1. Click Backups in the menu on the left.
  2. Click the backup you want to delete.

Delete iCloud backup on Mac: Click backups on the left, then click a backup that you want to delete (Image credit: iMore)
  1. Click the remove icon on the bottom left the pane. It looks like a minus icon.
  2. Click Delete in the pop-up.
  3. Click Done or repeat steps 5 to 7 to delete another backup.

Delete iCloud backup on Mac: Click the Remove icon, then click Delete to delete the backup (Image credit: iMore)

Please backup your Apple devices

Again, your iPhone has all of your most important data and memories, so we highly recommend making a backup so that everything is safe and sound. iCloud is one of the easiest ways to make sure that everything is automatically backed up every day, and it happens in the background so you don't usually need to worry about it (but you can always check it and do it manually too, just in case you need a very recent backup before updating iOS 16, for example).

But remember, your backups will take space! That's why sometimes you'll need to delete older backups that you no longer need because chances are high that they're super out of date anyways. After all, why restore to a backup you made right before getting the latest iPhone, instead of the one you just made five minutes ago?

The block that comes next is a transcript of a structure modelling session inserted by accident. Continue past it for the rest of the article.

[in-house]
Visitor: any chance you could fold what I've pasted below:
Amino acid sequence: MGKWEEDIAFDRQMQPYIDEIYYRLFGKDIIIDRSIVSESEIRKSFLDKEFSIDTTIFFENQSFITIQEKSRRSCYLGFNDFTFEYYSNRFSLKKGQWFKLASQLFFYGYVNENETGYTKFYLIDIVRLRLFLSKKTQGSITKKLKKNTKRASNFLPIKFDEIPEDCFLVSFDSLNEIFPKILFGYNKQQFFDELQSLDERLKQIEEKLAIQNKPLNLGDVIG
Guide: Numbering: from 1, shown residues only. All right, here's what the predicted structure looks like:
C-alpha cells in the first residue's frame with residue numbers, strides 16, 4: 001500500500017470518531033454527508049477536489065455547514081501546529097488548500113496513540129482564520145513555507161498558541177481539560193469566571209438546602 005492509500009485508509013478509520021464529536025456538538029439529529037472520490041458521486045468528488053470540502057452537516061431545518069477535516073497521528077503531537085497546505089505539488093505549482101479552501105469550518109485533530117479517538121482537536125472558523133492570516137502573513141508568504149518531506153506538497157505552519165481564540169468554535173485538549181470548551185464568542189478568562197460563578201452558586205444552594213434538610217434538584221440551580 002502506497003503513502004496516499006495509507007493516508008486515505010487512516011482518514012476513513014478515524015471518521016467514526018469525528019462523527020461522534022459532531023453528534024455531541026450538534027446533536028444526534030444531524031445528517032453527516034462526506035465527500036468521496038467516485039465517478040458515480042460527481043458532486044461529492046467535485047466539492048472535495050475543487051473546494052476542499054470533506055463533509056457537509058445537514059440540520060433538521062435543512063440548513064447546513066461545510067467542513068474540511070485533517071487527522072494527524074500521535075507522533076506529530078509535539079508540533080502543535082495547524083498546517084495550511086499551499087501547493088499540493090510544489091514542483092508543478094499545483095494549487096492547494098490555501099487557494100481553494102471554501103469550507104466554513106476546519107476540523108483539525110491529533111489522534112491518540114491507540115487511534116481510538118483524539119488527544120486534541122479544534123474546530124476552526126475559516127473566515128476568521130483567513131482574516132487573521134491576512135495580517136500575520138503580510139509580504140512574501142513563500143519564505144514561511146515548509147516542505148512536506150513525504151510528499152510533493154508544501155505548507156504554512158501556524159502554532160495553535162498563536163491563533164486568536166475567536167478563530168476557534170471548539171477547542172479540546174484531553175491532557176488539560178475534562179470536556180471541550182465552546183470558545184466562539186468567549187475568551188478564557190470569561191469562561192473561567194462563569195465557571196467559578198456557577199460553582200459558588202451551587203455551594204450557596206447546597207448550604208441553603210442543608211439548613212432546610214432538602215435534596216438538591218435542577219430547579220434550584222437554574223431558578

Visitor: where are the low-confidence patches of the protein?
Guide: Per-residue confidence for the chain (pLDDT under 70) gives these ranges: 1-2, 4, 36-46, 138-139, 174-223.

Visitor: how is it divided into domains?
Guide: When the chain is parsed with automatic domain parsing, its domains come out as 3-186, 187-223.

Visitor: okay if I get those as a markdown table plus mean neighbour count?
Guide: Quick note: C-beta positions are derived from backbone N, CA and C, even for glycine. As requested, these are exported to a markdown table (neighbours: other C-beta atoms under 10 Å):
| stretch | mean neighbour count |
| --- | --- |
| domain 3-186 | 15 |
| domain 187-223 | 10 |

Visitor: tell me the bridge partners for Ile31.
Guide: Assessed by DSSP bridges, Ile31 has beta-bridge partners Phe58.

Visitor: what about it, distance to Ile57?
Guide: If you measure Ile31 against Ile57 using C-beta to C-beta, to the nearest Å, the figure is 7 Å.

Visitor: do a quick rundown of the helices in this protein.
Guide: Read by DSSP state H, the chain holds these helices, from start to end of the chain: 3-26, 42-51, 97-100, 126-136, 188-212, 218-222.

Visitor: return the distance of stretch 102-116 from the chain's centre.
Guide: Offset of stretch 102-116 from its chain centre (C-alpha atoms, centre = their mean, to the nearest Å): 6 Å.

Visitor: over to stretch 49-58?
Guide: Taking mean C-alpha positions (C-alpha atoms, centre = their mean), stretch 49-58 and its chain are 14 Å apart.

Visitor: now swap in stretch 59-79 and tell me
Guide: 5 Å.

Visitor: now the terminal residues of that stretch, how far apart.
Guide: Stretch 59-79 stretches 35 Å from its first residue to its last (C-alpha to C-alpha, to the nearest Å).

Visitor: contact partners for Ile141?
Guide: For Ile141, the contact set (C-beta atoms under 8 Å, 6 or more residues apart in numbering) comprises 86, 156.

No matter how you do it though, just don't ever be caught without a backup!

Updated July 2022: These steps are still up to date with the latest versions of iOS and macOS Monterey.

Christine Romero-Chan was formerly a Senior Editor for iMore. She has been writing about technology, specifically Apple, for over a decade at a variety of websites. She is currently part of the Digital Trends team, and has been using Apple’s smartphone since the original iPhone back in 2007. While her main speciality is the iPhone, she also covers Apple Watch, iPad, and Mac when needed.

When she isn’t writing about Apple, Christine can often be found at Disneyland in Anaheim, California, as she is a passholder and obsessed with all things Disney, especially Star Wars. Christine also enjoys coffee, food, photography, mechanical keyboards, and spending as much time with her new daughter as possible.

With contributions from